A spokesman for the German government has criticized Russia's offer of three-hour daily ceasefires in the Syrian city. But Moscow insists longer breaks will only help "terrorists" in the city. The German government on Monday urgently called on Russia and the Syrian government to facilitate humanitarian access to the besieged Syrian city of Aleppo. Government spokesman Steffen Seibert said Berlin wanted Russia to exert its "great influence on the Syrian president" to enable food, water and medical aid to get through to the people in the northern city, which has been under siege by Russian military and Syrian government forces. He said it depended primarily on Moscow and the Syrian regime "whether the dying continued in Aleppo," and spoke of a letter to Merkel by 30 doctors who had remained in the city, in which they had appealed to her for urgent help. Seibert also criticized Moscow's offer last week of a daily three-hour ceasefire, saying that this did not provide enough time for the necessary aid to be transported into the city. He said the Russian promise was "meant to sound like a concession, but is actually cynicism, since everyone knows that this time is nowhere near enough to really restore supplies to desperate people." 'Catastrophic situation' Seibert's comments were echoed by German Foreign Minister Frank-Walter Steinmeier at talks with his Russian counterpart Sergei Lavrov in Russia. "The humanitarian situation in Aleppo is catastrophic. This cannot and must not continue. Three hours a day is not enough," Steinmeier said in Yekaterinburg, where the meeting took place. He called instead for a complete ceasefire. Lavrov, while admitting that three hours was "insufficient," defended the Russian offer, saying that longer ceasefires would give terrorists time to regroup and replenish supplies. "A result of the pause has been a slight improvement of the humanitarian situation," he said in comments carried by Russian state news agency TASS. "But the main result has been terrorists replenishing their numbers by 7,000 people, not to mention a large quantity of guns and munitions," he added, saying it would be necessary "to resolve issues in the fight against the terrorists" before prolonging the ceasefires. Russia, which has sent troops to help its longtime ally President Bashar al-Assad amid Syria's more than five-year-long civil war, last week announced three-hour humanitarian pauses over three days in Aleppo - a measure immediately slammed by the United Nations as inadequate. Syrian government forces last month captured the last rebel supply route to the city. The UN warned at the time that food supplies would last only until mid-August.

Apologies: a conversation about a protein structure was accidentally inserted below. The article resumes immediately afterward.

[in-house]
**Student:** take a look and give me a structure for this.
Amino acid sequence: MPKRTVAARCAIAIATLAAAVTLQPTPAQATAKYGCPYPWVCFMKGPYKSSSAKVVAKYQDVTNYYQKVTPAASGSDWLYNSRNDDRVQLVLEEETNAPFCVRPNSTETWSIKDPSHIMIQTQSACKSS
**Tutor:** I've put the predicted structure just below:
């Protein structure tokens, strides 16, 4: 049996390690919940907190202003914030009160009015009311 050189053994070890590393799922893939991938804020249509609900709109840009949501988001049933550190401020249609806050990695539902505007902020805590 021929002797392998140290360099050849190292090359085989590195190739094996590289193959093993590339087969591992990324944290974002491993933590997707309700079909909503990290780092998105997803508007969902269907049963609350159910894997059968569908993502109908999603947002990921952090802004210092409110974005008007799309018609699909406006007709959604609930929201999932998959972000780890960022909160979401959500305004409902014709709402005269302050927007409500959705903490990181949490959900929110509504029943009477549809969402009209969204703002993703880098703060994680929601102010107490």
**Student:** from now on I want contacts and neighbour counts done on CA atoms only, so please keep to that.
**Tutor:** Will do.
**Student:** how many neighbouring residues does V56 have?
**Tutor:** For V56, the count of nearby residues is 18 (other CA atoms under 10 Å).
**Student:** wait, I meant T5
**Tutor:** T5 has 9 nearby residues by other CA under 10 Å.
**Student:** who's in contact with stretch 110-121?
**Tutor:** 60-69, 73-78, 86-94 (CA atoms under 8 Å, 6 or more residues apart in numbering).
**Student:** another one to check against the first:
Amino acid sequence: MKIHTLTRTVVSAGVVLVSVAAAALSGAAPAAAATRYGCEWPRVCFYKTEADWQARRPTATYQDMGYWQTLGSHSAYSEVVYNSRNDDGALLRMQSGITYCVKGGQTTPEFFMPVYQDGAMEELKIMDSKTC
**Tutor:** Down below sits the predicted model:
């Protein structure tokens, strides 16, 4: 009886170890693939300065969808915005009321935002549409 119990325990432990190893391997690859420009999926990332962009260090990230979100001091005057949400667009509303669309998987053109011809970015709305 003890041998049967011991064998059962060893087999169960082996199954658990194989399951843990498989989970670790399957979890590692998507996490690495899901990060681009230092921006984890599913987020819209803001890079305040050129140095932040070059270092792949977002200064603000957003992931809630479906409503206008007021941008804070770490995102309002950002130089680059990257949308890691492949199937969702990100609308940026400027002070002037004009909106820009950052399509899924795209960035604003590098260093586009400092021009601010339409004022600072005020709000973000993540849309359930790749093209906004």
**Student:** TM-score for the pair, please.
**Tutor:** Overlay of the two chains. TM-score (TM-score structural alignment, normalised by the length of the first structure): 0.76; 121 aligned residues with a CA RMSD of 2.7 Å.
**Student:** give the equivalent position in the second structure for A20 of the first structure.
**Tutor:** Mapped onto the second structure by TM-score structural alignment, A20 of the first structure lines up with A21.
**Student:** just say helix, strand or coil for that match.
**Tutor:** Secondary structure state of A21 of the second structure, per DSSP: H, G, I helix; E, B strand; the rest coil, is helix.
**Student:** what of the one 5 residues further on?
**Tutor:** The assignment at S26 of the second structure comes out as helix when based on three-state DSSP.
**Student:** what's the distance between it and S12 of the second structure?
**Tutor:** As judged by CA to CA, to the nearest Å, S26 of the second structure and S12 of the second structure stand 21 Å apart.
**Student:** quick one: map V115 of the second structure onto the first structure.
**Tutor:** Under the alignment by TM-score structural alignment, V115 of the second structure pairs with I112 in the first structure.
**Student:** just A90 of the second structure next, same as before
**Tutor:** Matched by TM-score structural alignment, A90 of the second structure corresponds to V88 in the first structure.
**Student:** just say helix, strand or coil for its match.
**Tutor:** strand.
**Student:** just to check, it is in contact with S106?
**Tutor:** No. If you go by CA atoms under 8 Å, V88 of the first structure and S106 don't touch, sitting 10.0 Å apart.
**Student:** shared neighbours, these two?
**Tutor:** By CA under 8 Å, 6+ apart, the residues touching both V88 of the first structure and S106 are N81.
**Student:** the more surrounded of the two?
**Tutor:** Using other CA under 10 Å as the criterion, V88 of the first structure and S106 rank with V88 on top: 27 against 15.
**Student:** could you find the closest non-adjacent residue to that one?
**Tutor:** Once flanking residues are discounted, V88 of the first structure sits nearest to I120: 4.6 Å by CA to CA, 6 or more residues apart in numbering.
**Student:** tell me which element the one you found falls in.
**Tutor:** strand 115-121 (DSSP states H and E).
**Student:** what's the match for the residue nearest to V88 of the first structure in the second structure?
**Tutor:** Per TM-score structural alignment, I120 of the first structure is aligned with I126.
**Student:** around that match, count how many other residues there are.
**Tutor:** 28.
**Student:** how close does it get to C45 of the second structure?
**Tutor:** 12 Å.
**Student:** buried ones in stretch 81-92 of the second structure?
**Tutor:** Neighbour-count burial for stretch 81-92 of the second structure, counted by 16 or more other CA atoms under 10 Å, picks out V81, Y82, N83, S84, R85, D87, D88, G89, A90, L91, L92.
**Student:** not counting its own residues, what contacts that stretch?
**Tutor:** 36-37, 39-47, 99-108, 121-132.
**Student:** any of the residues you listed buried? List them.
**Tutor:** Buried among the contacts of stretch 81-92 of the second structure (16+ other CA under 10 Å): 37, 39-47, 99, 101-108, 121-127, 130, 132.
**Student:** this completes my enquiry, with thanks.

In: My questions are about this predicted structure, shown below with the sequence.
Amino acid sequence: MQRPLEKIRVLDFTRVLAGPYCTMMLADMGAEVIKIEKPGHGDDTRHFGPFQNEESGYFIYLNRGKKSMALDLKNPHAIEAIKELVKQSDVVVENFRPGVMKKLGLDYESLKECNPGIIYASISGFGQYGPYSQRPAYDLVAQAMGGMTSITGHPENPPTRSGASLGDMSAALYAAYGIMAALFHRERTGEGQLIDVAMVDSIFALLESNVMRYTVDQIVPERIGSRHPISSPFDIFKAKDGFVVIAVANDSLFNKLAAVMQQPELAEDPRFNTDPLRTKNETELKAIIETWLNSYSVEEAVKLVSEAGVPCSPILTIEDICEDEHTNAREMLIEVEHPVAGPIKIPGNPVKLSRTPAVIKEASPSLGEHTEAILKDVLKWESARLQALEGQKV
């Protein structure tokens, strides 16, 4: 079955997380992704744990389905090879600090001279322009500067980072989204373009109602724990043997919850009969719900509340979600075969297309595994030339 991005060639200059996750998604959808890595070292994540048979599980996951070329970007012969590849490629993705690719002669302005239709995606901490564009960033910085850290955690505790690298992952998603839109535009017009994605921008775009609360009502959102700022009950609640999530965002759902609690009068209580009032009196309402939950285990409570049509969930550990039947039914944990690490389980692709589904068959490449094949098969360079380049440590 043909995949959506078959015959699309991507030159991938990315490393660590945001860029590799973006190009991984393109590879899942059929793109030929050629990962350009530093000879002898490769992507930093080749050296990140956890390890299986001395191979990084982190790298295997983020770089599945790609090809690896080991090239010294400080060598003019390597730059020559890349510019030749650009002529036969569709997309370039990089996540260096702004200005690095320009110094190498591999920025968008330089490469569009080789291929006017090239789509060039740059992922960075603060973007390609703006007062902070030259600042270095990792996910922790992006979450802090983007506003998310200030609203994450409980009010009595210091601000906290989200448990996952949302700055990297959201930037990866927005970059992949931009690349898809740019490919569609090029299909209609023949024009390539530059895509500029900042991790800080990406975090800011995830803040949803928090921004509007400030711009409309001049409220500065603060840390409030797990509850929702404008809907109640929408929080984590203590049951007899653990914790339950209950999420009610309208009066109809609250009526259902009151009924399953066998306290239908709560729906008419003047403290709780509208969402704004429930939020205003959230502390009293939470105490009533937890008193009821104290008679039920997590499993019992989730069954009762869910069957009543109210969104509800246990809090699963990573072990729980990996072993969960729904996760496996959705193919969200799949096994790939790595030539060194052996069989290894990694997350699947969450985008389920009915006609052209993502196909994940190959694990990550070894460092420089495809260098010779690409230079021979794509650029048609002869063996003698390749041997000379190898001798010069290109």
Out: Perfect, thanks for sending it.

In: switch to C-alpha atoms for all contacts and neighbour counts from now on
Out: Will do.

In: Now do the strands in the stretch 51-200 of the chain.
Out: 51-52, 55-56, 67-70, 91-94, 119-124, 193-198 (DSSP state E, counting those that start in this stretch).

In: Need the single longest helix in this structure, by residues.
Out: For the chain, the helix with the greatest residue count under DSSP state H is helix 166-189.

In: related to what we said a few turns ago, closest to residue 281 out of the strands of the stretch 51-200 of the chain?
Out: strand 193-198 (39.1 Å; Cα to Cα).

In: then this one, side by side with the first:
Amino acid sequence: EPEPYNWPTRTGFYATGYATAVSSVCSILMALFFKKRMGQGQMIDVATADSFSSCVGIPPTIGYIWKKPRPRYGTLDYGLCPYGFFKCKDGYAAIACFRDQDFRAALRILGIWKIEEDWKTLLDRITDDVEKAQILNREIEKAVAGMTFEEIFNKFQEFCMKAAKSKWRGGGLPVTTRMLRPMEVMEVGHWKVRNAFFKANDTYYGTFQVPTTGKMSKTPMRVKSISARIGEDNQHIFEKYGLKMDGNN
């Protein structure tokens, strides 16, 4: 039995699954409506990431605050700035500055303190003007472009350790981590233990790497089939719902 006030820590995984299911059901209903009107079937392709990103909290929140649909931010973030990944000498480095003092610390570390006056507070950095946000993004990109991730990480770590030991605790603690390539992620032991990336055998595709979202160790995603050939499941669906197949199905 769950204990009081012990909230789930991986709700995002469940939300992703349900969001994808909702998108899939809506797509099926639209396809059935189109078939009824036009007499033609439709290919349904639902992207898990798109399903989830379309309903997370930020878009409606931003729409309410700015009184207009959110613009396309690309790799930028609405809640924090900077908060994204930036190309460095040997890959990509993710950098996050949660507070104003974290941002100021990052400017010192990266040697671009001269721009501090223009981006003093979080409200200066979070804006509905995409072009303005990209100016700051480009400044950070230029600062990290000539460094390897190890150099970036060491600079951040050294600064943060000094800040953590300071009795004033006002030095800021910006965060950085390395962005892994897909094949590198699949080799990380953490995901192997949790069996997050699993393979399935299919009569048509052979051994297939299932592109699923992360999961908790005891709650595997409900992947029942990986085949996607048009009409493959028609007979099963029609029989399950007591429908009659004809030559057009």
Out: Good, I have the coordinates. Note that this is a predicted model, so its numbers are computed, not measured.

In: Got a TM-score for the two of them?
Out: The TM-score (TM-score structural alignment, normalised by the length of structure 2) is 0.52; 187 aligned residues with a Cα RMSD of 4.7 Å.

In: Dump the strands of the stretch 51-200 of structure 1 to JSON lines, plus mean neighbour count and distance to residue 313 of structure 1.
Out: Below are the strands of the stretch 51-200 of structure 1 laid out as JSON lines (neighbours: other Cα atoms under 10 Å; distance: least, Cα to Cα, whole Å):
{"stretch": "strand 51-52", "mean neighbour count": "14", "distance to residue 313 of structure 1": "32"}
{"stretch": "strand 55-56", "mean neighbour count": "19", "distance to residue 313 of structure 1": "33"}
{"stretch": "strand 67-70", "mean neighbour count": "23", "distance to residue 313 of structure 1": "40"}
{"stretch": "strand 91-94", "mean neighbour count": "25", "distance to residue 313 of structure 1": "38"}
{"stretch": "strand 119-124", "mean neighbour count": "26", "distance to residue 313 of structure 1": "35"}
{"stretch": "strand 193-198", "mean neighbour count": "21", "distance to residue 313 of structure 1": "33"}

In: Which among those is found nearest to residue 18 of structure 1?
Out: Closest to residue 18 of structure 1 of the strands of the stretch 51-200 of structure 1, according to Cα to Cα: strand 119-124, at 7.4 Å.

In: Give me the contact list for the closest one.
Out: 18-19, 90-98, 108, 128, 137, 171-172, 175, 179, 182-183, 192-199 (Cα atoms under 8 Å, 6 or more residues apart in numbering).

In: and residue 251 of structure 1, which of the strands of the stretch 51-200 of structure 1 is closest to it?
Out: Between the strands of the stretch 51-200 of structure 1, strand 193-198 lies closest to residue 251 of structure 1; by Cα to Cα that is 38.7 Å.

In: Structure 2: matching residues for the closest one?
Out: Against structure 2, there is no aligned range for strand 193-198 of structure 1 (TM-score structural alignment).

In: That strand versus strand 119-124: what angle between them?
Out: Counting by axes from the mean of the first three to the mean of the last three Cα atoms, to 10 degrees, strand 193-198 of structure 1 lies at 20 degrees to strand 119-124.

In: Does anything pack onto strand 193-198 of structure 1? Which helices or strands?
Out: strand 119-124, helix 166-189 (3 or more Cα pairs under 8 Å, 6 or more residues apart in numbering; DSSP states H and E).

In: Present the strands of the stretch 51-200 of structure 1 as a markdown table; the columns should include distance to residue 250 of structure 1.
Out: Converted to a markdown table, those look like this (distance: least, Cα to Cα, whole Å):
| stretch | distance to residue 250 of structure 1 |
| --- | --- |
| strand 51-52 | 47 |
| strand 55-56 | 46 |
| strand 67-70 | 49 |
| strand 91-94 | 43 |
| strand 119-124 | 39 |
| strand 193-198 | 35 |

A spokesman for the German government has criticized Russia’s offer of three-hour daily ceasefires in the Syrian city. But Moscow insists longer breaks will only help “terrorists” in the city. The German government on Monday urgently called on Russia and the Syrian government to facilitate humanitarian access to the besieged Syrian city of Aleppo. Government spokesman Steffen Seibert said Berlin ... Read More »